Female Genital Mutilation

Should Female Genital Mutilation (hereinafter referred to as "FGM") be considered a criminal offence? In your opinion, how does FGM violate a woman's right to privacy and personal enjoyment? Would such acts be considered a breach of the Human Rights Act 1998 in the United Kingdom? You are required to critically evaluate the law on woman's rights in relation to FGM and the law on human rights in answering the above question. You are also required to consider whether the countries practicing FGM should adopt a code such as the Human Rights Act 1998 (UK).

Female genital mutilation (hereinafter referred to as "FGM"), also widely known as female circumcision is a practice traditionally practiced by peoples all around the world. FGM refers to the surgical operation of removing healthy normal female genitalia. 1 Also, the World Health Organisation (WHO) defines all procedures which partially or totally remove the external female genitalia or causes injury to the female genital organs for non-medical reasons2 as FGM. Traditionally, this FGM was believed to be practiced among Muslims in Middle East and Asia countries, ancient Egyptians and Arabs.

Although FGM was seen and practiced as either religious or ethnic rituals the practice in North America and Europe resembles a totally different purpose. In the late 19th century, it was widely carried out in these regions especially the United States with the intention to "cure female insanity"3. However, true it may seem that a large number of the Muslim societies practices FGM, it was firmly denied by many religious leaders that FGM is an injunction in the Qur'an4. The Christian religious leaders had denied FGM as a "commandment" in the Bible as well5. God has created mankind the way we were for a purpose.

Female genitalia should not be treated as the cause of evil and death. People should stop believing in ridiculous reasoning for FGM to be performed. It has been proven that the main purpose of FGM was the control of female's sexual pleasure in ancient time. However, the Creator's creation should not be changed unnecessarily especially without a strong reasoning. Female genitalia, especially the clitoris, were made to provide orgasm to women during sexual intercourse. Women should be given their right to their private sexual life and should be treated equally as men were.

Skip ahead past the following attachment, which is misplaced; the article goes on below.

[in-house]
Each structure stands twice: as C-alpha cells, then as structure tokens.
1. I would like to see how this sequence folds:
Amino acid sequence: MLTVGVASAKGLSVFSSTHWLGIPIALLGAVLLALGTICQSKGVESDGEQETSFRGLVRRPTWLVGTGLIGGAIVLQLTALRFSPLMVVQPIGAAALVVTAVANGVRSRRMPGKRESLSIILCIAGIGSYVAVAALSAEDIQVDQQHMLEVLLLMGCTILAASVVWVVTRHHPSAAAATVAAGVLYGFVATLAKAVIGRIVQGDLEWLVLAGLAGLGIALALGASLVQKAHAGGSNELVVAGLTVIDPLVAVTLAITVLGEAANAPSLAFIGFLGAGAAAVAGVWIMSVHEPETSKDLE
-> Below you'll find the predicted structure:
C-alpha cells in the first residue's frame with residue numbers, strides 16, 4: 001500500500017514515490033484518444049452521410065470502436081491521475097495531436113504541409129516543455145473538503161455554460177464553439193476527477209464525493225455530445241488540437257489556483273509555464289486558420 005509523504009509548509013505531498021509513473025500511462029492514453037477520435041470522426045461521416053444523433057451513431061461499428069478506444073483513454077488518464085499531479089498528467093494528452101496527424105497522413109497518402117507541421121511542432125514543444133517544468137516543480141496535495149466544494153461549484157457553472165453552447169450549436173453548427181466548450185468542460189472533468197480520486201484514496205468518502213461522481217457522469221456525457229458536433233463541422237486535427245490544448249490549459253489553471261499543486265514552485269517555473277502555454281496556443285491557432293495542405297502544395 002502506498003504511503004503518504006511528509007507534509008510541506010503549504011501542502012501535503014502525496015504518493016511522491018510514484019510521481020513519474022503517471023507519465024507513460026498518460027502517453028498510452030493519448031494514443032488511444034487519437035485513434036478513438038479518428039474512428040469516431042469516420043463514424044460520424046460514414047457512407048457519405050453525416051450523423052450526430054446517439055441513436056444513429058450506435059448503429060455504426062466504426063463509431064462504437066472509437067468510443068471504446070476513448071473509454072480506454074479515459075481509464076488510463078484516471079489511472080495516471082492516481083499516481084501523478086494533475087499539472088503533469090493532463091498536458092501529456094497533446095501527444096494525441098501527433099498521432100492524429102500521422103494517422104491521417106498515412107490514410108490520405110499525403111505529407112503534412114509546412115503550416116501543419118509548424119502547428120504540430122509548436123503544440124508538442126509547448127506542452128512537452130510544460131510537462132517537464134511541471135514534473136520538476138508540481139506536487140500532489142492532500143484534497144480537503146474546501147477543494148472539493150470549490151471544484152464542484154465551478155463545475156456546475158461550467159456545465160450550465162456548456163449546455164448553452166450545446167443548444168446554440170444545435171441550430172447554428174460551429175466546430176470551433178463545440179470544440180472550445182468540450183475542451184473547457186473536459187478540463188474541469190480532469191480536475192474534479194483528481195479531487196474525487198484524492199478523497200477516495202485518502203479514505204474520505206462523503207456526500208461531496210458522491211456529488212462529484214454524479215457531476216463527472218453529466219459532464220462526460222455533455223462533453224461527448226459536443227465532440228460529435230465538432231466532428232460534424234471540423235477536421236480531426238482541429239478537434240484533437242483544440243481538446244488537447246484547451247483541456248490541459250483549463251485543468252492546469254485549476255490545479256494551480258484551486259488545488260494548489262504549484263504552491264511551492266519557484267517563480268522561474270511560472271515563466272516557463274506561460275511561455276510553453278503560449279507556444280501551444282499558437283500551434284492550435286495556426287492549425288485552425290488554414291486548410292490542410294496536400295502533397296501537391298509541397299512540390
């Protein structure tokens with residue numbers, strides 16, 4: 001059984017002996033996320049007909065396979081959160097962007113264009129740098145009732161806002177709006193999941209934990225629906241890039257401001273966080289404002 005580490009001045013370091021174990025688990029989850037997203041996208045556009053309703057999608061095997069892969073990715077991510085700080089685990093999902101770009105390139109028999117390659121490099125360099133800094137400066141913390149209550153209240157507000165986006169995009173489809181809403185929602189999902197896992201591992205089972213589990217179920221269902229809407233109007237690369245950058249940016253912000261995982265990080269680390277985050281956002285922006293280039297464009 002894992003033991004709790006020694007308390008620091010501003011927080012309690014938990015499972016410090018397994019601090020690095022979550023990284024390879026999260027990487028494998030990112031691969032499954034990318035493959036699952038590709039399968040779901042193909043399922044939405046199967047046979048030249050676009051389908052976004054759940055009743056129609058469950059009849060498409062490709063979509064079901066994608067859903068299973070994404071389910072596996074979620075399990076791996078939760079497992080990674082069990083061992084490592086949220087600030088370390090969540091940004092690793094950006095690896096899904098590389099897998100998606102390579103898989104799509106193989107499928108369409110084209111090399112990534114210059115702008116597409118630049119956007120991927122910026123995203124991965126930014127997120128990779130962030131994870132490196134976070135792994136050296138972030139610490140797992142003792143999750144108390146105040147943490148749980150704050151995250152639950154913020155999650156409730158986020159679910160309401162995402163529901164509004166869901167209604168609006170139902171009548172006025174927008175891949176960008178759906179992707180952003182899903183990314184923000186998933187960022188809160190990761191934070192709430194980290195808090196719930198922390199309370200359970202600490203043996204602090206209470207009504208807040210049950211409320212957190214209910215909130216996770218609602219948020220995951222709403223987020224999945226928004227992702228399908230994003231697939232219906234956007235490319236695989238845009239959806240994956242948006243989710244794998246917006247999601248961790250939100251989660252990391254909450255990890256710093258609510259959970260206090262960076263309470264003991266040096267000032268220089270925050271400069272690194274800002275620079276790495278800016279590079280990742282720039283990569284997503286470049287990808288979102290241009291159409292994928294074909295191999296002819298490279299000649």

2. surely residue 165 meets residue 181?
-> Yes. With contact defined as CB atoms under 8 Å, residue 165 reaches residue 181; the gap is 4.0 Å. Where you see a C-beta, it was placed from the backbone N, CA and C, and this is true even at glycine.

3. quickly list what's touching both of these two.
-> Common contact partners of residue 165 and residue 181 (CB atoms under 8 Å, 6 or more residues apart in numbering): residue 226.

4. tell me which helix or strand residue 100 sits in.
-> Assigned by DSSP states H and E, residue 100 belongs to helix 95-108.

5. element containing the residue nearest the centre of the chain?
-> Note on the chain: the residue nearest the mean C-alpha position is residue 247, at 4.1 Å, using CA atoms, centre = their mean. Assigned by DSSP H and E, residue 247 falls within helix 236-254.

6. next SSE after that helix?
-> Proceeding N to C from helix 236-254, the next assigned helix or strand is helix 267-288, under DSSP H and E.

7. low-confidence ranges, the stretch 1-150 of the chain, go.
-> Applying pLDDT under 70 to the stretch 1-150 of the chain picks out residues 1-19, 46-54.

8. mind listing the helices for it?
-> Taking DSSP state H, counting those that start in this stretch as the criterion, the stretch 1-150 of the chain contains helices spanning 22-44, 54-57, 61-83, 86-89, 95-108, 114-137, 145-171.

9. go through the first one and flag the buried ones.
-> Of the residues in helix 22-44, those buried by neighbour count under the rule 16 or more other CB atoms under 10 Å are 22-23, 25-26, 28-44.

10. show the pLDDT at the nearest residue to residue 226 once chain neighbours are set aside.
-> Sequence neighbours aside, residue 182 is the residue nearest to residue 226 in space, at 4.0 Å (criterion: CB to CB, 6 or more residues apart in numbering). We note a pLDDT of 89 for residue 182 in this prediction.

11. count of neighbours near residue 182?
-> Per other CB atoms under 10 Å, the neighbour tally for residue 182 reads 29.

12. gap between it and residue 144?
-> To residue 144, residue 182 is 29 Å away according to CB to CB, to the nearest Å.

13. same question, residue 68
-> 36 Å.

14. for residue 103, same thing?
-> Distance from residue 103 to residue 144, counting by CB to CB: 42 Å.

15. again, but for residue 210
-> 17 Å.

Instead of performing female genital mutilation or circumcising females, education should be a better approach to control female and even male sexual need. Women and even children deserve every right to privacy and their personal enjoyment should not be interfered by others. The society or authority should not have any right to decide whether a person should be circumcised in order to control their sexual activity. Since FGM diminished or even eliminates women's ability to reach orgasm during sexual intercourse, women could not enjoy sexual activity with their husband.

This does not only violate a woman's right to personal enjoyment, but the marriage may be affected due to unhappy sexual life between the couple. A woman's privacy should be preserved and protected instead of performing non-medical operation to control their personal life. Unlike male circumcision, FGM was performed and wholly based on male dominance society with the intention to curtail woman's freedom including their sexual life. Although many of the Muslim society practise FGM as part of their tradition and religious practise, it was not true as Islamic law allows and protects women's sexual enjoyment.

6 Islamic law which allows woman to seek divorce because of the inability of the husband to provide sexual satisfaction7 proves that sexual enjoyment by woman is equally recognised as men. Therefore, FGM should not be an excuse of the religious practise for people to gain control over woman's sexual life. It has been century long issue on the female genital mutilation practice and the human's rights concerning it. It is undeniable that this practice infringed the basic human rights of the victims. Usually, no consent had been given by mutilated victims.